Home » Featured, Issues, Jennifer Springston, Telecommunications, Volume 4 Issue 2


4 May 2010 5,467 views 2 Comments

Travel can be a major problem for a company, regardless of the industry.  There are many reasons that a company may seek to avoid travel as much as possible, including the cost, the loss of productivity in the office because of the travel and the desire to reduce carbon emissions in these days of eco-consciousness.  Using videoconferencing can not only eliminate the cost of travel but can increase productivity for the company as well.  For instance, a company can schedule a videoconference for both the morning and evening with representatives from two completely different parts of the world.  In the old days, the first meeting would take place, and then there would be several days of travel so the second meeting could be held.

Videoconferencing may not be the answer to every situation; however, it is continuing to grow within the business industry.  There are many key elements that videoconferencing can provide over other methods of communications.  Videoconferencing allows for each party to see such subtle cues of body language that are lacking from phone calls, emails and text messaging.  These cues, including posture, facial expressions, gestures and eye movements, can allow the message to be made more clearly than in the other forms of communication that lack this capability.

The next wave of this is likely to be the use of desktop videoconferencing, which can incorporate the benefits of traditional videoconferencing in a more economical and user-friendly manner.  The picture quality is not as high, but it is still good enough to make sure that the video call is more “visually oriented” than a traditional call yet is not expensive.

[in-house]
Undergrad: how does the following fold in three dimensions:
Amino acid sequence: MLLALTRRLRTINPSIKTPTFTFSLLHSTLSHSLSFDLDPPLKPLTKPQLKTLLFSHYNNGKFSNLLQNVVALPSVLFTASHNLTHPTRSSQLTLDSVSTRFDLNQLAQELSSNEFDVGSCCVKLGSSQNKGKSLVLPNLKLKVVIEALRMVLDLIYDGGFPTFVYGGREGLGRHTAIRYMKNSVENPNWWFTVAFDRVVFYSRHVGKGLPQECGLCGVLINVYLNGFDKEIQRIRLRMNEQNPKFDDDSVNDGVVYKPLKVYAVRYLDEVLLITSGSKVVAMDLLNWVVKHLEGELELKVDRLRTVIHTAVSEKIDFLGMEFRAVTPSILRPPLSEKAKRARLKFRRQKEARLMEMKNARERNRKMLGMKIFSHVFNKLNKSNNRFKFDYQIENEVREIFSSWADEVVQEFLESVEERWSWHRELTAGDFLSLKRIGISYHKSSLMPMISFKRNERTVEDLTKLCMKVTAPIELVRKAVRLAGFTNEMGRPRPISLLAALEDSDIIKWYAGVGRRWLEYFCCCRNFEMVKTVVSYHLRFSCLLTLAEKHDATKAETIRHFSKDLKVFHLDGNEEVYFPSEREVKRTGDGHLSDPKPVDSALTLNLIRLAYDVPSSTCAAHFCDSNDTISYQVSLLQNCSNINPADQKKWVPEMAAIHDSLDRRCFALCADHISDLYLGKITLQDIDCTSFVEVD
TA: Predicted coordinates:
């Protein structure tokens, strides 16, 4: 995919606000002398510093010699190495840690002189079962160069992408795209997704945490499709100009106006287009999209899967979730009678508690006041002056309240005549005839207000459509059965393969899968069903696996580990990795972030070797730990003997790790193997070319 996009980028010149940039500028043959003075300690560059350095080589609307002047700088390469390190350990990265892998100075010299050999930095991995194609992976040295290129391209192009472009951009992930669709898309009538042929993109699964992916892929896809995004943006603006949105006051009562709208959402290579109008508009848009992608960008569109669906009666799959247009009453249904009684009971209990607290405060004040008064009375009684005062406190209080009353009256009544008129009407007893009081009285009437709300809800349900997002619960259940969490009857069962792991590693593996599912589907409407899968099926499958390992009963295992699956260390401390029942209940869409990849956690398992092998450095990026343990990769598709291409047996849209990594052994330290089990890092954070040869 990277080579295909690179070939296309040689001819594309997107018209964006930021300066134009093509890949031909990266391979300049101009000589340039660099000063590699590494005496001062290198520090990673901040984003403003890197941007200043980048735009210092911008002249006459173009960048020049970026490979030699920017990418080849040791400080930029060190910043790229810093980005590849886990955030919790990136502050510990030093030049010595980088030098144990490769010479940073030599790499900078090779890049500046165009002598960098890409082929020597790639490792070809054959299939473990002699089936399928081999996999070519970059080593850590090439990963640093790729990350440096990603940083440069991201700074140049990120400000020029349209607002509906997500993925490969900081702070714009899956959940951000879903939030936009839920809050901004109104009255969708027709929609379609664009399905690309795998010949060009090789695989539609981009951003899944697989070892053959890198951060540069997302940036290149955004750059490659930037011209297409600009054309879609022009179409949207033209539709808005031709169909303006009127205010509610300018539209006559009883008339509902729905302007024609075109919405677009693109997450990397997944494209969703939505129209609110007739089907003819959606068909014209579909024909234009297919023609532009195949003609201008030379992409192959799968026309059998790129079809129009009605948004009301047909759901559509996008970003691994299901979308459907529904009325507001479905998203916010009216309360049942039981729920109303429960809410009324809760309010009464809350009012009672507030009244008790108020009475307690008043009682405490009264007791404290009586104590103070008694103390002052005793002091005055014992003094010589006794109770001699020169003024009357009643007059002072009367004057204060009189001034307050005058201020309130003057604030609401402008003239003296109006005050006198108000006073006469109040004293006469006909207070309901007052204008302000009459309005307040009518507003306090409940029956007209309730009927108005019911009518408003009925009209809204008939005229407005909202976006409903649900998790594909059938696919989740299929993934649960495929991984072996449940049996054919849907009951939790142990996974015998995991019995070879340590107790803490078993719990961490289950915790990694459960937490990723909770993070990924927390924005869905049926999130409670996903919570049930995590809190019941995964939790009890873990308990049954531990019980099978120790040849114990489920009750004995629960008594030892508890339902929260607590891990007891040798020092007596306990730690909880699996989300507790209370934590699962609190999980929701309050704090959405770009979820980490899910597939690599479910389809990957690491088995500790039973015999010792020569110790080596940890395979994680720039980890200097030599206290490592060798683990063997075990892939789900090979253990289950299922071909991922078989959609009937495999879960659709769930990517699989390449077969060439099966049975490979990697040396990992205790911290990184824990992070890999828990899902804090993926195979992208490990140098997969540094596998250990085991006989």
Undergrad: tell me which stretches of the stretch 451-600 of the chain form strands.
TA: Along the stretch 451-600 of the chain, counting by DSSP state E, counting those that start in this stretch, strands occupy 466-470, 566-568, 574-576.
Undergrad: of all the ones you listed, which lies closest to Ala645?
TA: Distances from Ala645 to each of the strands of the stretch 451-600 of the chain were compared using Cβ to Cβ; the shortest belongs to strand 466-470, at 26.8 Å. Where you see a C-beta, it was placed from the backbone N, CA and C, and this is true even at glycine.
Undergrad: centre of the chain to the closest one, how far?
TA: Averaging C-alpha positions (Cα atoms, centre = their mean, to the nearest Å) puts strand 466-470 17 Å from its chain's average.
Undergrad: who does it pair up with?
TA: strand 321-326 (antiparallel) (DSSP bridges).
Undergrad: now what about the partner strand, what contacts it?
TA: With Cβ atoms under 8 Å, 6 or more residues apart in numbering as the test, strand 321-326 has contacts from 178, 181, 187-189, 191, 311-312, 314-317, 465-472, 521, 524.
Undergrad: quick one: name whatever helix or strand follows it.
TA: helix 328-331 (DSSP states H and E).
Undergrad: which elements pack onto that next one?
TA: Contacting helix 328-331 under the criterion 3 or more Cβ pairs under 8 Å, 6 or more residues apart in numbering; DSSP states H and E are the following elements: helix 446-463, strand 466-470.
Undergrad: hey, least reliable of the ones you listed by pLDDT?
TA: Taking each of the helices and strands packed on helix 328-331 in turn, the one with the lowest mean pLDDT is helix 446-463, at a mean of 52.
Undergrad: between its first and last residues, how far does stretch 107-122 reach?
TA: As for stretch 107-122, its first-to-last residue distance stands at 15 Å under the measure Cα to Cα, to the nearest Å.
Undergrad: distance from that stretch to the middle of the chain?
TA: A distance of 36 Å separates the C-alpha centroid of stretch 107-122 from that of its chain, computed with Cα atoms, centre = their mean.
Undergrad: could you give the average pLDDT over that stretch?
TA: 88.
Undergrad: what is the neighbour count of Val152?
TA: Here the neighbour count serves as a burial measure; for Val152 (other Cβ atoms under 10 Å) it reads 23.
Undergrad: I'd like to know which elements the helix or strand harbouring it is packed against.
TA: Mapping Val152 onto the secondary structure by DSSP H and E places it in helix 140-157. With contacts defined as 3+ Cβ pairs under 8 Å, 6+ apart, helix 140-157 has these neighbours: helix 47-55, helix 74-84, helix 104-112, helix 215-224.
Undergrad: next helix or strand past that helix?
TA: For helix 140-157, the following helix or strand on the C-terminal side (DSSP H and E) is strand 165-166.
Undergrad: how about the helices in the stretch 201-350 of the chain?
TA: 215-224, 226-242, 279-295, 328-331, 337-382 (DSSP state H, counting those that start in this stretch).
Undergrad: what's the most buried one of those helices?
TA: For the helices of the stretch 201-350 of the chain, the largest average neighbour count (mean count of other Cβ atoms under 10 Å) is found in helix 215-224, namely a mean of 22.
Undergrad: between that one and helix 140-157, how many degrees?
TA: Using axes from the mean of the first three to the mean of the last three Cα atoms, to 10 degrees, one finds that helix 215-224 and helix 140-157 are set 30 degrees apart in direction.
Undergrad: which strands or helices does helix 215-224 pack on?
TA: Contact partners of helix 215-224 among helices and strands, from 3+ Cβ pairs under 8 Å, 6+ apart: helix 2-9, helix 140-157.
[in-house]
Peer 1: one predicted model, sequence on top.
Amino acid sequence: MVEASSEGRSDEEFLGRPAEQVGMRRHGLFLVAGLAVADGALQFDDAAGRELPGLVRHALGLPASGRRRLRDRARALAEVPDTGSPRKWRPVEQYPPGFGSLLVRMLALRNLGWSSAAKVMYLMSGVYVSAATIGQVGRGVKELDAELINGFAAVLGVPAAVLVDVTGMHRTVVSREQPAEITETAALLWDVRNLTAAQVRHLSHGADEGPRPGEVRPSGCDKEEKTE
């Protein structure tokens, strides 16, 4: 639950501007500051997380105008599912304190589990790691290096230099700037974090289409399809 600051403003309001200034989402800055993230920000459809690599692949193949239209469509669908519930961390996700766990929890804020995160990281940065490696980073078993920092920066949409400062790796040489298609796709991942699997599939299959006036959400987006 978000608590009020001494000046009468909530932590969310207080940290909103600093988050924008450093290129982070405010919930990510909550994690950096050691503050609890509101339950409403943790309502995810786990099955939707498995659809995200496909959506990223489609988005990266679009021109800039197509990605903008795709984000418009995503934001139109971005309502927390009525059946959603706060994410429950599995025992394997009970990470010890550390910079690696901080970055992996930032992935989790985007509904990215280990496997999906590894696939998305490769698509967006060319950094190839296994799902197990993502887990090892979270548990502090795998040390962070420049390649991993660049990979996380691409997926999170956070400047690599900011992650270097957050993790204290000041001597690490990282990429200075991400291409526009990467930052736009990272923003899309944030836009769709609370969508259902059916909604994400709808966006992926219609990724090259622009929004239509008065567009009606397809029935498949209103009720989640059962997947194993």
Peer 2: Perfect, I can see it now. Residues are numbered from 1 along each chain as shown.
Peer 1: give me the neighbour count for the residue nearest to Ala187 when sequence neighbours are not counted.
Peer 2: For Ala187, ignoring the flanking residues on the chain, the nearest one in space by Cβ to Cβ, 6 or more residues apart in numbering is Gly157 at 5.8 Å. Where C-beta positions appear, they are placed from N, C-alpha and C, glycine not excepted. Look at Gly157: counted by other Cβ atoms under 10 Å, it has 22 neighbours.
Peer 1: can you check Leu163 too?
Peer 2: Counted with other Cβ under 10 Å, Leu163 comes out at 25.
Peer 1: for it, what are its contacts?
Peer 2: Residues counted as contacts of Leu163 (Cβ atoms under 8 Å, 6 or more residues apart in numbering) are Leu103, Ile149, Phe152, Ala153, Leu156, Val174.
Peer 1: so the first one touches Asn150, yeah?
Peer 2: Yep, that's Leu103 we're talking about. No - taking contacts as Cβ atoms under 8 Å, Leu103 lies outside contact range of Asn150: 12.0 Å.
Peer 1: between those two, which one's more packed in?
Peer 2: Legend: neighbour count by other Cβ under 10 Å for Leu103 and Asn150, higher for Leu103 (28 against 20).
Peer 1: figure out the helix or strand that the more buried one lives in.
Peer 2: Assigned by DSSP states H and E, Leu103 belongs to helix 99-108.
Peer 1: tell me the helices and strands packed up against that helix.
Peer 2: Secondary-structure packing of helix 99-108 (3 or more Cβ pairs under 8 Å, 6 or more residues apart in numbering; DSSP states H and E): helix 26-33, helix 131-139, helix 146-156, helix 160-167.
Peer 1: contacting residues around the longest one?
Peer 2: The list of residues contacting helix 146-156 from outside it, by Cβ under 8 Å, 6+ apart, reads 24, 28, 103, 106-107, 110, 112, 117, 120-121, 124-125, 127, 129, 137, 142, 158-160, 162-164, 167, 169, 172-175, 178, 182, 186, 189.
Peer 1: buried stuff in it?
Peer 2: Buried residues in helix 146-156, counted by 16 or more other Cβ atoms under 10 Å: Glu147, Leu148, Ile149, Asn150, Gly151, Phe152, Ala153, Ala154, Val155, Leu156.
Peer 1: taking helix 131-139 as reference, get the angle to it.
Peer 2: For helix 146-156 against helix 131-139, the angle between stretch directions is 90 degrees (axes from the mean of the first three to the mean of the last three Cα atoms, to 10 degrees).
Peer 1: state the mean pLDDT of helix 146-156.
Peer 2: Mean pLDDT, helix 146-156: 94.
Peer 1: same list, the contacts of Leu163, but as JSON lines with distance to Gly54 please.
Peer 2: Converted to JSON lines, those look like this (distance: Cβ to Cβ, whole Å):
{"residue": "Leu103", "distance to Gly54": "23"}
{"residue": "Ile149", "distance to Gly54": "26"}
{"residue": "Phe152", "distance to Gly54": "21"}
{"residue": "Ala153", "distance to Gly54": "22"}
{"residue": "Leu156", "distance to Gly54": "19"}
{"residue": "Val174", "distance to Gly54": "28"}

The question might then be asked: what portion of your employees will need to have this capability at their own desk?  Certainly not every employee will be involved with videoconferencing across the board.  It might pay to think about how many of the employees in your company are involved in meetings of any form at the present time and use that as your starting point for the decision.  If there are too many people who are involved in meetings, it might be more economical to rethink that policy as well.

The new wave of desktop teleconferencing may be a way for the landline operators to get back into the telecommunications field.  As they continue to lose revenue to the wireless and voice over internet protocol (VOIP) operators, desktop videoconferencing may be the key to remaining competitive.

There are several firms set to enter the desktop videoconferencing market with the benefits of the free services in addition to higher quality than those services that are offered at the current time.  Some of the firms in this realm include Virtual Interactive (based in Cedar Falls, Iowa), IOCOM (based in Chicago, Illinois) and Vuelive which is based in the Dallas, Texas area. 

If there are any questions about whether desktop teleconferencing could be beneficial to your company, you should consult your managed services provider who can explain the pros, cons and costs associated with traditional teleconferencing and desktop videoconferencing as well.

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Author: Jennifer Springston (17 Articles)